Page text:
If you could make everybody poor just so you could be rich… Greens policy part 3!

Only three sections left to do!  Caveat: My head hurts like an absolute bastard.  Fortunately, I had a packet of Nurofen in the house and it’s working well.  Thumbs up, Nurofen. Okay, I’ve got my iTunes set to ‘Soft Awesome’: let’s roll!

Policy Category E: Human Rights and Democracy

This section is probably going to irritate me because it’s the section I care about the most.  Our conversations in the public space on this topic are woeful.  They lack the rich flavour of past debates.  We don’t have the epic speeches or inflamed pamphlets.  With that in mind, I’m not sure that my criticisms of the policies advocated by the Greens in this space won’t extend to a criticism of the discussion in general.  Thus, a lot of this isn’t going to be critical of the Greens’ position but the general lack in the debate.  Put simply, I don’t think other parties perform particularly well in this space either.

The Australian Greens believe that […]

3. Australia’s Constitution should express our aspirations as a community and define our rights and responsibilities as individuals and as members of the community.
4. Parliament is the central authority of representative and responsible government. — p58.

These are foundational issues and they set up the Constitution and Parliament as The Important Bits.  Should our Constitution express our aspirations as a community and define rights of individuals?  I’m of the view that it shouldn’t.  Constitutions should establish functional frameworks for maintaining effective governance.  Within the context of the Constitution, the society will express its aspirations and define the rights of individuals.  Why?  Because aspirations change.  The rights which are considered important and relevant change.  Constitutions are rigid documents and, as such, are not good vehicles for fluid and malleable aspirations. Parliament is increasingly demonstrating that it can’t handle the task of being representative.  Previous entries in this blog outlined Simpson’s Paradox showing why this has been the case.  This appears to be a particularly self serving belief (similar to ‘Gillard wasn’t elected PM by the People’ — the position of Prime Minister is not a popularly elected position and it’s a conceit of politicians to suggest that they do).

The Australian Greens believe that […] 7. Australia should become a republic with an Australian head of state. –p58.

Apart from Tony Abbott, are there any Monarchists left in the mainstream?  It seems to be a worryingly one-sided debate.

The Australian Greens will: 15. enact a Bill of Rights. — p58.

https://onlythesangfroid.wordpress.com/2010/07/03/all-of-the-boys-and-the-girls-here-in-paris/ https://onlythesangfroid.wordpress.com/2010/04/03/i-like-to-wait-to-see-how-things-turn-out/

The Australian Greens will […] 17. support the following electoral reforms […] constitutional recognition of the powers and responsibilities of local government — p59.

This is a dreadful proposal.  We are already ‘overgoverned’ in Australia and suffer the politicisation of governance.  I mean that word ‘suffer’ in the strongest possible terms.  Creating further levels of government is not a useful ambition.

[…]reduced numbers of by-elections by allowing casual vacancies to be filled by a member of the retiring representative‟s party — p59.

Except we don’t elect parties in elections: we elect candidates.  We ought to have the expectation that candidates will consider their electorates before their parties but, sadly, we know this is not the case.  Party politics is a political disease in Australia and we should be seeking ways to reduce its influence.  The Greens, it seems, disagree and want to treat seats in parliament like party play things.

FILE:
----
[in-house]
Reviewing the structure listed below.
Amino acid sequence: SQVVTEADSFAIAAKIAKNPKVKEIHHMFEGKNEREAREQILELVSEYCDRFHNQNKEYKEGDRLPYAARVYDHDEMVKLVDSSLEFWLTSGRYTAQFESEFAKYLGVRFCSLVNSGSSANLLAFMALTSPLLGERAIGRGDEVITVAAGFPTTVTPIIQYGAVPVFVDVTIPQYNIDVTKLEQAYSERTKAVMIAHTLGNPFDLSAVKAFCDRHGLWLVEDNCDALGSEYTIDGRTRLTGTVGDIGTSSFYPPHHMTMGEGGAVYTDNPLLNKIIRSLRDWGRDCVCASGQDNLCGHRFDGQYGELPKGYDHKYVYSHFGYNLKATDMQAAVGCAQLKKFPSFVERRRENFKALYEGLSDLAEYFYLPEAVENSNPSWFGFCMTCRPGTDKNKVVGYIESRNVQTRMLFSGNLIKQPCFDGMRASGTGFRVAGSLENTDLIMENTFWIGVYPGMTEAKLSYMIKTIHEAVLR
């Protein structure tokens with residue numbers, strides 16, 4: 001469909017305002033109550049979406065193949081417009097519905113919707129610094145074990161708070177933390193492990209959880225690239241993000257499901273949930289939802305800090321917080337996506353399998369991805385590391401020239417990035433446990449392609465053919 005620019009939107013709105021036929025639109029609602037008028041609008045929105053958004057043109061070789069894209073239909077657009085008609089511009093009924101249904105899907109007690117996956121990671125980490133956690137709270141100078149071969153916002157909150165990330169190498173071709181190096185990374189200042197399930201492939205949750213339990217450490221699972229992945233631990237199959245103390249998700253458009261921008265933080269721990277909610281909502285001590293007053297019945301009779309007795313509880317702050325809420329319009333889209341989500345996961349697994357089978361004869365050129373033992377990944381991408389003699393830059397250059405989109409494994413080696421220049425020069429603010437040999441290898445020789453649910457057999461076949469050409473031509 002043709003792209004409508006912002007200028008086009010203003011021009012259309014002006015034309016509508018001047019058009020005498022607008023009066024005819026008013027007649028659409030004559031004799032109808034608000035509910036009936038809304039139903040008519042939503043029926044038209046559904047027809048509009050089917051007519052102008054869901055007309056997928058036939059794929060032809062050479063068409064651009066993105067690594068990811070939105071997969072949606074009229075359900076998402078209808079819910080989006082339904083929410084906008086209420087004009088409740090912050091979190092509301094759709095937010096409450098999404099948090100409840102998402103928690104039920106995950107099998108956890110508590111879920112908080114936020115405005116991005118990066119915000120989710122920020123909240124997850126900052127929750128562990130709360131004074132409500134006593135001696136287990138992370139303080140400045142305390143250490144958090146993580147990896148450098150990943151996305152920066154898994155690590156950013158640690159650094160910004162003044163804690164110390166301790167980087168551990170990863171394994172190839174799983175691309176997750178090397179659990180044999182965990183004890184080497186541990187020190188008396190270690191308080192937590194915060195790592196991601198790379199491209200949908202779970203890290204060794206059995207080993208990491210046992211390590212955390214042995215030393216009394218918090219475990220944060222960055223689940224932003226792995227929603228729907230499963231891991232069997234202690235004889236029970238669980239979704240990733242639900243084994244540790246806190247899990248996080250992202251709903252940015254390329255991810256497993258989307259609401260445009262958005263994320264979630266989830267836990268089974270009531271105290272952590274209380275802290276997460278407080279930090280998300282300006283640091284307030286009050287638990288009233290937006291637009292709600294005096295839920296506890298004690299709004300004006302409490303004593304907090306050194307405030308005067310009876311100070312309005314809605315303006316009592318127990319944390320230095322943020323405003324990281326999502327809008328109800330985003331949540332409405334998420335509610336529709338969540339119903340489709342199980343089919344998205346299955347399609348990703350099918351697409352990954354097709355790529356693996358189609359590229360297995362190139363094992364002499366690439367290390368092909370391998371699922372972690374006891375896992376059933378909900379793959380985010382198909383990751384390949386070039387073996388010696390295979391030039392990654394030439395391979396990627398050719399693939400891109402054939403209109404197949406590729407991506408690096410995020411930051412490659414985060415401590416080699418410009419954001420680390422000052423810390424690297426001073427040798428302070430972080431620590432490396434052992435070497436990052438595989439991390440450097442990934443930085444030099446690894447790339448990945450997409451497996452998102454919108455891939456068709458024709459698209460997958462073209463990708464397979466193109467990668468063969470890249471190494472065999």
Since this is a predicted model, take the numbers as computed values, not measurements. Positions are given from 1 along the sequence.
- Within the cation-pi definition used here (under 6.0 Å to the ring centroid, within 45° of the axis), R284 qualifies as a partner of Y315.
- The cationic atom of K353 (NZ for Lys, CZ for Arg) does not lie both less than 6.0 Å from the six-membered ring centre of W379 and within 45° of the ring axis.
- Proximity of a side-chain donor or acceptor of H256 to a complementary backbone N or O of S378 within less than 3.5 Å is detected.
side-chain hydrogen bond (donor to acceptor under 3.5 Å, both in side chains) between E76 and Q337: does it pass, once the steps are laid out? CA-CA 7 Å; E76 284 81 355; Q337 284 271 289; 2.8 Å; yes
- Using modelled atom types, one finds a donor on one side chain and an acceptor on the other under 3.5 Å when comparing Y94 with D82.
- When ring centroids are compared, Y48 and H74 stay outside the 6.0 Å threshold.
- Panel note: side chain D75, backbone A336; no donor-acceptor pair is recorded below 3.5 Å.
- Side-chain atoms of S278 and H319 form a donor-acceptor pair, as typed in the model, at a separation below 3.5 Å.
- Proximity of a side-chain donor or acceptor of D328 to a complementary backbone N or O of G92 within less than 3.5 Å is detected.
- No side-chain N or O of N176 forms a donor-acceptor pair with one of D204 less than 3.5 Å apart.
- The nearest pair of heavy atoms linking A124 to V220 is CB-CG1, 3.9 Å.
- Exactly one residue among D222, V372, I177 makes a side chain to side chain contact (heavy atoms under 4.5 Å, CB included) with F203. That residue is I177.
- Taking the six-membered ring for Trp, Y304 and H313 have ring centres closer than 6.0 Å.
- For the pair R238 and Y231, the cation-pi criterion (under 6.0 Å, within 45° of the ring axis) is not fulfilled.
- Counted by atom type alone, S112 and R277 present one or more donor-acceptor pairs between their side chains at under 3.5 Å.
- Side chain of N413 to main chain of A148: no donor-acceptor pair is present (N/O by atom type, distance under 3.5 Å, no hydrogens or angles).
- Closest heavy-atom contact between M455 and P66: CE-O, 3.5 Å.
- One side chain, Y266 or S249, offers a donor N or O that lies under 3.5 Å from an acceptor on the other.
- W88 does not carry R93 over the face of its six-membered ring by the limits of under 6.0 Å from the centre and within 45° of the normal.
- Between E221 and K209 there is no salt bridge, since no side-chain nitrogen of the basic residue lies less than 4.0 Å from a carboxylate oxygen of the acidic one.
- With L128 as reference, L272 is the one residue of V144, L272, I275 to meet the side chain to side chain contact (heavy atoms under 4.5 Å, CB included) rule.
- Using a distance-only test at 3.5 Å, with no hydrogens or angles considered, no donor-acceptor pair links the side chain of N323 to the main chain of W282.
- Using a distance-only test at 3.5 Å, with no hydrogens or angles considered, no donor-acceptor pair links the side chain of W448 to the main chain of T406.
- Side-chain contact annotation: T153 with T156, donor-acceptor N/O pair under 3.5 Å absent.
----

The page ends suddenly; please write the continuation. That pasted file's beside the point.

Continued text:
[…]public funding of elections to eliminate private funding – p59.

I’m not certain that I want taxpayer money going towards election campaigns (if that’s what this means; else, I don’t know which private funds are used to hold elections…).

The Australian Greens will […] 18. uphold judicial discretion in sentencing, and repeal mandatory sentencing legislation. — p61.

This is a superb proposal.  I’m rather shocked that our system allows judicial discretion to be repealed through acts of legislation.  While I understand that it’s not unique to Australia, it is still outrageous.

The Australian Greens will […] 19. allow customary law and other cultural or personal factors to be taken into account by judges in determining sentences. — p61.

This is problematic because I don’t feel that customary law or other cultural/personal factors should influence the length of a sentence.  The justice system should provide an equal playing field: that’s lessened if some groups in the community are held to different standards of culpability.  Mind, I’m not speaking of people who have a real incapacity.

The Australian Greens will […] 22. increase funding to community legal centres as an adjunct to legal aid and private legal practitioners.  — p61.

I agree 100% with this.  It is an embarrassment that the poor routinely receive legal services of a quality less than those who can afford to pay snazzy lawyers.  The various state Bar societies should be nationalised and all barristers should be state employees.

The Australian Greens will […] 14. allow and encourage the United Nations Human Rights Council to investigate alleged and potential human rights abuses in Australia, and comply with any recommendations.  — p63.

Any recommendations?!  Here’s a list of the current members of the UNHRC.  Do you really want Libya, China, and Cuba making recommendations to Australia about human rights?  Really?  Are you insane in the mind?

The Australian Greens will […] 19. ratify all United Nations Human Rights Conventions, including their optional protocols.  — p63.

Even the dreadful ones?  That’s the problem with most of these proposals: they’re so incredibly vague.

The Australian Greens will […] 21. oppose the death penalty in all cases and support campaigns for its abolition.  — p64.